Younicos has already deployed a 1.2 MW battery park for the Swedish utility Vattenfall in Berlin, which has been providing grid balancing services since December 2012, the first grid-tied system prequalified to provide frequency response in Europe.  Frequency response is a vital ancillary service in regions where the high penetration of renewables places stress on power quality.  This initial hybrid battery park project relies upon both sodium sulphur and lithium ion battery technologies.

Replacing Fossil Fuels

Last month, on Earth Day, the company announced a major partnership with Samsung SDI to deploy Samsung’s lithium ion battery in projects with an exclusive system integrator agreement for grid-tied battery parks in Germany, Austria, Switzerland, and other European markets.  With Samsung SDI providing a unique 20-year performance guarantee, the new partnership will soon have bragging rights to the first standalone 5 MW/5 MWh battery park in Germany for WEMAG, a municipal utility serving West-Mecklenburg that currently relies upon wind and solar for 80% of its power generation.  Ideal for addressing the volatile nature of distributed renewables that rely upon feed-in tariffs, the system is expected to be commissioned in June 2014.

This enhanced battery park will be able to not only adjust the frequency of the utility grid, but also provide voltage control, black starts, and short circuit power, services previously provided inefficiently by fossil generation sources.  In fact, the battery parks can respond to grid signals in less than 10 milliseconds, which is 3,000 times faster than conventional approaches.

According to Samsung and Youncios, the ideal size for these battery parks is actually 10 MW/10 MWh, and they can be financed solely on the basis of revenues from frequency regulation and other ancillary services.  This is yet another new business model for smart grid/microgrid applications, providing further evidence that high-penetration renewable energy systems are grounded in real demand from emerging markets for grid reliability services.


Energy Storage Gets a Boost in California

— June 2, 2013

Upfront capital expense is often cited as the most important barrier to adoption of energy storage – particularly for business and residential customers.  Technology vendors tend to clamor for adoption subsidies and bemoan the dearth of incentives on offer for energy storage.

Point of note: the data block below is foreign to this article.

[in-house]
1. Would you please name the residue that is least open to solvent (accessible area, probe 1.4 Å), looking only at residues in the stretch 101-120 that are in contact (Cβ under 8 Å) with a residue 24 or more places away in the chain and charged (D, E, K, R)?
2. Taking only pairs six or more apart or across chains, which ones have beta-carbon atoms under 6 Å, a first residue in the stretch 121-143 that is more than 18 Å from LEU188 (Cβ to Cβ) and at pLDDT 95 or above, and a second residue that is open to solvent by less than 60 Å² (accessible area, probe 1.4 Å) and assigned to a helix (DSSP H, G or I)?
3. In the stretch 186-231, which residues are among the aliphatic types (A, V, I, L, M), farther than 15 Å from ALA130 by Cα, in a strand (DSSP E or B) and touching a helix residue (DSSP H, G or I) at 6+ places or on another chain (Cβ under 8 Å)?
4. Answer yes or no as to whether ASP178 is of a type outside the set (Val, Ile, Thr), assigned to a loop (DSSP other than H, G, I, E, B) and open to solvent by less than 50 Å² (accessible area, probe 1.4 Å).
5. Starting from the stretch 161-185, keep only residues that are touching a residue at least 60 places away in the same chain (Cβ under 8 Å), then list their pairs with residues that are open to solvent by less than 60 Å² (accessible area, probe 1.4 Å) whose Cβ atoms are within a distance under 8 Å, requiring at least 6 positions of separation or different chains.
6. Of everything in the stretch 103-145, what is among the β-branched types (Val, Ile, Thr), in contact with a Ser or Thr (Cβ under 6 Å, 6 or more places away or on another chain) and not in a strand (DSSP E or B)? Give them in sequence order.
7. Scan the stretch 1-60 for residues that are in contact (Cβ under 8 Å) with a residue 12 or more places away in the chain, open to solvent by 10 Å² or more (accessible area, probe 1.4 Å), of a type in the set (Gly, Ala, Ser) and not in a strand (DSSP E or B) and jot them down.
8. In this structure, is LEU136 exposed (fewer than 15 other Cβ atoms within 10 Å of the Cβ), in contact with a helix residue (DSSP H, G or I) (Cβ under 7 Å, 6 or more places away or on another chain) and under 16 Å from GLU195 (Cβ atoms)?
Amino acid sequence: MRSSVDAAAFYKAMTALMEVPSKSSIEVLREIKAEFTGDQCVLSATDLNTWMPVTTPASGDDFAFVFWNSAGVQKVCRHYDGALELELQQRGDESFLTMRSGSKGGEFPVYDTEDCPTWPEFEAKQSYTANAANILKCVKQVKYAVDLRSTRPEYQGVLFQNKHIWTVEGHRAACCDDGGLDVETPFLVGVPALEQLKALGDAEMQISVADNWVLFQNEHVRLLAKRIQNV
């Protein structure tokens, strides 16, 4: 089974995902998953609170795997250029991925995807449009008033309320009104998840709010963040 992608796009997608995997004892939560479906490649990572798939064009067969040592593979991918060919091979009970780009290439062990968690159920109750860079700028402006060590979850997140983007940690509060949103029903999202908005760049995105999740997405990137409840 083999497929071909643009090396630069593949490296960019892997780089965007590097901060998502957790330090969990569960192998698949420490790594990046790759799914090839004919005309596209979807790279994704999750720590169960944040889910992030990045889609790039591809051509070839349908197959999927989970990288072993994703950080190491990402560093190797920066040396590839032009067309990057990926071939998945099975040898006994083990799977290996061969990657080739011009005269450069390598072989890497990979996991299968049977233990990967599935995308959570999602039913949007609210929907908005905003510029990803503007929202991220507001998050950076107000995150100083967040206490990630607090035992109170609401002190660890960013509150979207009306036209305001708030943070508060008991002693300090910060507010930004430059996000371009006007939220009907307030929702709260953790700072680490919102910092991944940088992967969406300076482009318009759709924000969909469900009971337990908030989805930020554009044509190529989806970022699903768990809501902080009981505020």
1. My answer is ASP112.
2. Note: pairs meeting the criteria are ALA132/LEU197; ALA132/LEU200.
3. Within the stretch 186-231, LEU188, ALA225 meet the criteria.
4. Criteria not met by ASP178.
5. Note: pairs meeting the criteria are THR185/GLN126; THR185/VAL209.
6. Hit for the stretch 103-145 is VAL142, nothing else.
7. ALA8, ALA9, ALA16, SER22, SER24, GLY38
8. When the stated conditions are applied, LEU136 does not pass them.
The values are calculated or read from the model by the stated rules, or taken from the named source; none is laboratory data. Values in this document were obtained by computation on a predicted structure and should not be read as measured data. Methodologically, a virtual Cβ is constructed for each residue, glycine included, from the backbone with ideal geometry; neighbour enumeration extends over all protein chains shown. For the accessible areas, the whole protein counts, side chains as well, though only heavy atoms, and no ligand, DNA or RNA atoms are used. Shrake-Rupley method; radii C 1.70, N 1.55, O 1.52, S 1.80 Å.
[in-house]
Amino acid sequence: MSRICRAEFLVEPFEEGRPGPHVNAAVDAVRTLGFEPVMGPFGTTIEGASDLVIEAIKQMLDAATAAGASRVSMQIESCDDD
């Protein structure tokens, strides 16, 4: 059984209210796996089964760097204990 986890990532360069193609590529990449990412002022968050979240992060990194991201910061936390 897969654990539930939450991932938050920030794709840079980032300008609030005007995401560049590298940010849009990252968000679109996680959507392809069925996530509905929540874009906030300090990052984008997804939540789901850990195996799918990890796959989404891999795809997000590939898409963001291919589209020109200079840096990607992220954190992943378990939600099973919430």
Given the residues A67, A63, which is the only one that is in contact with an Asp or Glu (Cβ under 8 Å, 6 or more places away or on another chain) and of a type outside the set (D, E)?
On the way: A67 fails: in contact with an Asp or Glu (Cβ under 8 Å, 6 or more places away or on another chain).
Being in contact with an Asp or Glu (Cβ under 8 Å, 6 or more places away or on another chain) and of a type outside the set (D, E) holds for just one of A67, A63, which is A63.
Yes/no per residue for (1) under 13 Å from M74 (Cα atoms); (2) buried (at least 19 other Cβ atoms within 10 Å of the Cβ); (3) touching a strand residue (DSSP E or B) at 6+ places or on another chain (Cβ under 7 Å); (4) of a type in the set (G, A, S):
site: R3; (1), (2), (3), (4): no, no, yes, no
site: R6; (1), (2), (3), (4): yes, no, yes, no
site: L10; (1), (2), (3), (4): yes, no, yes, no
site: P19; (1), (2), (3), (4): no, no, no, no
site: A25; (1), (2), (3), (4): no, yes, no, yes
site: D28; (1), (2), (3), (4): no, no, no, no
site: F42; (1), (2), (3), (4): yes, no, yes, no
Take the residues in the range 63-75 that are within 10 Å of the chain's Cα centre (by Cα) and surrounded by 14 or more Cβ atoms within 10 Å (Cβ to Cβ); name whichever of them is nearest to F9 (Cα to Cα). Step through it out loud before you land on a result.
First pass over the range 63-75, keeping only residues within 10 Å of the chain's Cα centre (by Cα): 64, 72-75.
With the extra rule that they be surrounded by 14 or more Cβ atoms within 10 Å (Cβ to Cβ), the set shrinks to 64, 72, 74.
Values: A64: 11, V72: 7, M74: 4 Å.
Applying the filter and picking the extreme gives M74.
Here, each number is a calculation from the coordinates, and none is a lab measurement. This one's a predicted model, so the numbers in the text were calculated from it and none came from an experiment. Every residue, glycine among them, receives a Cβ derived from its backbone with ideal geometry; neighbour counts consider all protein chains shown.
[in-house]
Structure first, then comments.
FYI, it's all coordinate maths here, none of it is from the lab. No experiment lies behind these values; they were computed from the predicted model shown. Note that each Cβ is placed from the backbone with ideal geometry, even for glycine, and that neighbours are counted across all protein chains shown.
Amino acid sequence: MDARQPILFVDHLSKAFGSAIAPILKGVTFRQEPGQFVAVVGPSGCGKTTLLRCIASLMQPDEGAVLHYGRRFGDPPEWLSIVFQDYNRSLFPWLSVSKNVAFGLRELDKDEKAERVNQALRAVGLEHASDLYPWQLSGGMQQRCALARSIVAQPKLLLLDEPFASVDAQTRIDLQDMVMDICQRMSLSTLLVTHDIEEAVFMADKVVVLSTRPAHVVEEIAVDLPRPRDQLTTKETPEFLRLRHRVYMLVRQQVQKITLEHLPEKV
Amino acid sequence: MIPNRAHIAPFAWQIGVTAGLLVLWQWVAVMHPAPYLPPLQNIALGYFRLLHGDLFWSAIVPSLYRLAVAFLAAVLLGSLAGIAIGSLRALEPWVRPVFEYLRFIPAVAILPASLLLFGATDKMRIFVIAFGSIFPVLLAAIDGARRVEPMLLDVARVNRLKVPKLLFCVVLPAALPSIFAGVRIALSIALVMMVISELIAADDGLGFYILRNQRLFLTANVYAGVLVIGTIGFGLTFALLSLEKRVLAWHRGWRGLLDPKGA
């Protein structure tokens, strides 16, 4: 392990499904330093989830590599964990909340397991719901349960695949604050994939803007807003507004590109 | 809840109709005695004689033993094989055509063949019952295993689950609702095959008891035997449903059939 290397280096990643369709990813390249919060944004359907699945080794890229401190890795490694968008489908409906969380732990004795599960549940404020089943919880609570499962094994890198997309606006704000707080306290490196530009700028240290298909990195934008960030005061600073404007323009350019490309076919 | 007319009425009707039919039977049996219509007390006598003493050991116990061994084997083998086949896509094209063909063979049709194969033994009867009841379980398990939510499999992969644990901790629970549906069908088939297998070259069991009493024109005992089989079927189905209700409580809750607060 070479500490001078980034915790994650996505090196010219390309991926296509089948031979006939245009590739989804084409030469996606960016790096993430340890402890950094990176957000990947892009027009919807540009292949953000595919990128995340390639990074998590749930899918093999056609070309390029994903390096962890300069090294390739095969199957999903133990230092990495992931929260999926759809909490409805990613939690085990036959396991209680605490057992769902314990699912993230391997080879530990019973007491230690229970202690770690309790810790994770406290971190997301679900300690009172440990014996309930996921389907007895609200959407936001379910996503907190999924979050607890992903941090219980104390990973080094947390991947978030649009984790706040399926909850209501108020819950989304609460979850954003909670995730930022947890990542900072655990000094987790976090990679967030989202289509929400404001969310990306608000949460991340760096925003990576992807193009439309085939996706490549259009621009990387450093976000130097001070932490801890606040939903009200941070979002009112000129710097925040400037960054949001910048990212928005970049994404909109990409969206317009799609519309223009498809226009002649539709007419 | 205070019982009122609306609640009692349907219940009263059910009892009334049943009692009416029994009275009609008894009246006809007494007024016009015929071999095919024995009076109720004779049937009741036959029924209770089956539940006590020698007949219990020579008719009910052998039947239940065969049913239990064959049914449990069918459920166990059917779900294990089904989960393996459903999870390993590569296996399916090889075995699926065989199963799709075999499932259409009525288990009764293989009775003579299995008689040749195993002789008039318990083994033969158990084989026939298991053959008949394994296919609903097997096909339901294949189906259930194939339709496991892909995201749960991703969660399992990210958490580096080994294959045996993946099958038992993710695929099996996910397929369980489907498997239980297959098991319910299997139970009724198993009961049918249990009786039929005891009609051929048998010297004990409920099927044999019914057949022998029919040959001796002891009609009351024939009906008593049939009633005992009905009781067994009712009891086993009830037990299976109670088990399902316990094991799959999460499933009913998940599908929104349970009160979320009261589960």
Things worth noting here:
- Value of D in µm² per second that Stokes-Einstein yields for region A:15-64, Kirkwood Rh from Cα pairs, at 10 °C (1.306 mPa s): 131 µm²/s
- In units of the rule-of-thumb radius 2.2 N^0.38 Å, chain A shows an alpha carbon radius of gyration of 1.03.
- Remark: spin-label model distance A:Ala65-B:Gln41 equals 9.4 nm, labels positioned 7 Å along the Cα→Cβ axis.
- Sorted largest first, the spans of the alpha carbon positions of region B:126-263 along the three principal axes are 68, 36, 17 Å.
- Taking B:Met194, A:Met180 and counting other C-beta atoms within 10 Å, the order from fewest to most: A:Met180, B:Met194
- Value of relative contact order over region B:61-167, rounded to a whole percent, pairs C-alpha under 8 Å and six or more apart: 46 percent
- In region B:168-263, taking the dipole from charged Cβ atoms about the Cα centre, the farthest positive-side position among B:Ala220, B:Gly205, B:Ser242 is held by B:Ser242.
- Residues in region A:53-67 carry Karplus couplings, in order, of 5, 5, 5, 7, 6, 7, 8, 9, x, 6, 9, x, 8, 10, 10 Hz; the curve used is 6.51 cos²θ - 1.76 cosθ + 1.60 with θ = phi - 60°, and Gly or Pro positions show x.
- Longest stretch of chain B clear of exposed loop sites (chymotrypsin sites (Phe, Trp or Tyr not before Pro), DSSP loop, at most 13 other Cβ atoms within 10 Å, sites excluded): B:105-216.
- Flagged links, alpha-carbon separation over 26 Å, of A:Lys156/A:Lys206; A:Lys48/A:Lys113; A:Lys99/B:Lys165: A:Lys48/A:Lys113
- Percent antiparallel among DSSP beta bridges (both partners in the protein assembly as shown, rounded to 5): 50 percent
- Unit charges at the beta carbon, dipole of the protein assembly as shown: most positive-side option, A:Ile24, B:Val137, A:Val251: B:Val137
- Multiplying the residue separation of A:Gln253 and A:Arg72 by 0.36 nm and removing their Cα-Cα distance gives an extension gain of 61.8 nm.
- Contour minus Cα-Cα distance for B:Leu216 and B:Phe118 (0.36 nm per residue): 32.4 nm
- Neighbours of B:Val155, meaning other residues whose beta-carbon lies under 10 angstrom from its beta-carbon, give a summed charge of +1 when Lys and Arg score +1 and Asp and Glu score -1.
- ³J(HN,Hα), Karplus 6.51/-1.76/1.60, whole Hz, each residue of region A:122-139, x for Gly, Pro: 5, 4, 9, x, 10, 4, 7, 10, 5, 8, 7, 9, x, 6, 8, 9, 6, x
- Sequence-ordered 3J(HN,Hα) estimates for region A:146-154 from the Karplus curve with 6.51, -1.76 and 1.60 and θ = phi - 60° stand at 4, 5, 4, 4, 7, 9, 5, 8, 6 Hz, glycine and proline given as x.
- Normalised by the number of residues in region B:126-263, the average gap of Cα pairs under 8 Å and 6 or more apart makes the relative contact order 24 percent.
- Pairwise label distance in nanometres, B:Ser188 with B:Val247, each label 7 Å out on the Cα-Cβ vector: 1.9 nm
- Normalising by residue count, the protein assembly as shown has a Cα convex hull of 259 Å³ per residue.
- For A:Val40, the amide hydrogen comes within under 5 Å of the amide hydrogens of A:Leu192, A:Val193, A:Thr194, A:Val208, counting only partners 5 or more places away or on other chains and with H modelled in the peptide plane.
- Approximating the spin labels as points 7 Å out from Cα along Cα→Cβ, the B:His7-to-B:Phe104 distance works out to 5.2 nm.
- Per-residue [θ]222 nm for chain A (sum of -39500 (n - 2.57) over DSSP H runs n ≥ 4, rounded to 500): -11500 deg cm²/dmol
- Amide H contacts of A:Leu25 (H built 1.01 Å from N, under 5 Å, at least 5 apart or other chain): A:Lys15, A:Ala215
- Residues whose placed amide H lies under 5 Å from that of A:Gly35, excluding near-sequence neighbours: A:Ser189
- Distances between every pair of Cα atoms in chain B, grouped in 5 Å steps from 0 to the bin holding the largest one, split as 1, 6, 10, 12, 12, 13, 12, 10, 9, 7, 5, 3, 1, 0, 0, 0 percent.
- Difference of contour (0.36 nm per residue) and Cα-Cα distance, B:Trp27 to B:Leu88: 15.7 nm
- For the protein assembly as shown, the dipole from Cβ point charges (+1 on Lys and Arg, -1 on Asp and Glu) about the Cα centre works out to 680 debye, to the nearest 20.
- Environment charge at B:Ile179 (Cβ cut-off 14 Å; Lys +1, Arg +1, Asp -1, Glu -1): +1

One market with strong subsidies for energy storage is California.  The state encourages the adoption of wind up to 3 megawatts (MW), together with energy storage systems (ESSs) up to 3 MW, through the state’s Self-Generation Incentive Program (SGIP).  According to the SGIP, “advanced energy storage” systems “convert electricity into another form of stored energy and then convert [it] back to electricity at another time.”

ESSs became eligible for SGIP incentives in 2009.  The storage must be coupled with an eligible technology, currently limited to fuel cells and wind turbines, and must be able to discharge at rated capacity for a 4-hour period, minimum.  Unfortunately for electrolyzer companies, hydrogen is ineligible.

The minimum system size is 30 kilowatts (kW) for the generation capacity, and the advanced storage system may be no larger than the rated capacity of the generation asset.  Smaller systems within the 30 kW to 1 MW power rating are preferred, and these have the highest subsidy per watt.  Advanced storage systems from 30 kW to 1 MW receive a $2 per watt incentive, which is prorated at $1 per watt from 1 MW to 2 MW systems, and down to $0.50 per watt from 2 MW to 3 MW.

A Bigger Slice

Since 2009, ESSs have gone from representing a tiny fraction of the SGIP to a significant investment on the part of California.  In 2009, one application out of 30 was for energy storage, representing 8% of the capacity funded and 5% of the total subsidies awarded.  By 2012, advanced energy storage represented 83% of applications (out of 590 applications total).

California is one of four markets that offer a subsidy for adopting energy storage.  The other four are New York, Germany, and Japan.  California has one of the longest-running programs, and is also one of the broadest.  Energy storage is taking a bigger and bigger piece of the pie where the SGIP is concerned – even though the average size of the projects is relatively small.

As is evident from the chart below, the budget for the SGIP varies wildly.  However, between California’s AB2514 (which effectively provides an renewable portfolio standard for energy storage) and the SGIP, which provides a funding mechanism to ease the financial burden of adopting storage, California is well positioned to benefit from energy storage.

SGIP Spending by Technology and Advanced Energy Storage Capacity, California: 2009-2012

Energy Storage Gets a Boost in California

(Source: Navigant Research)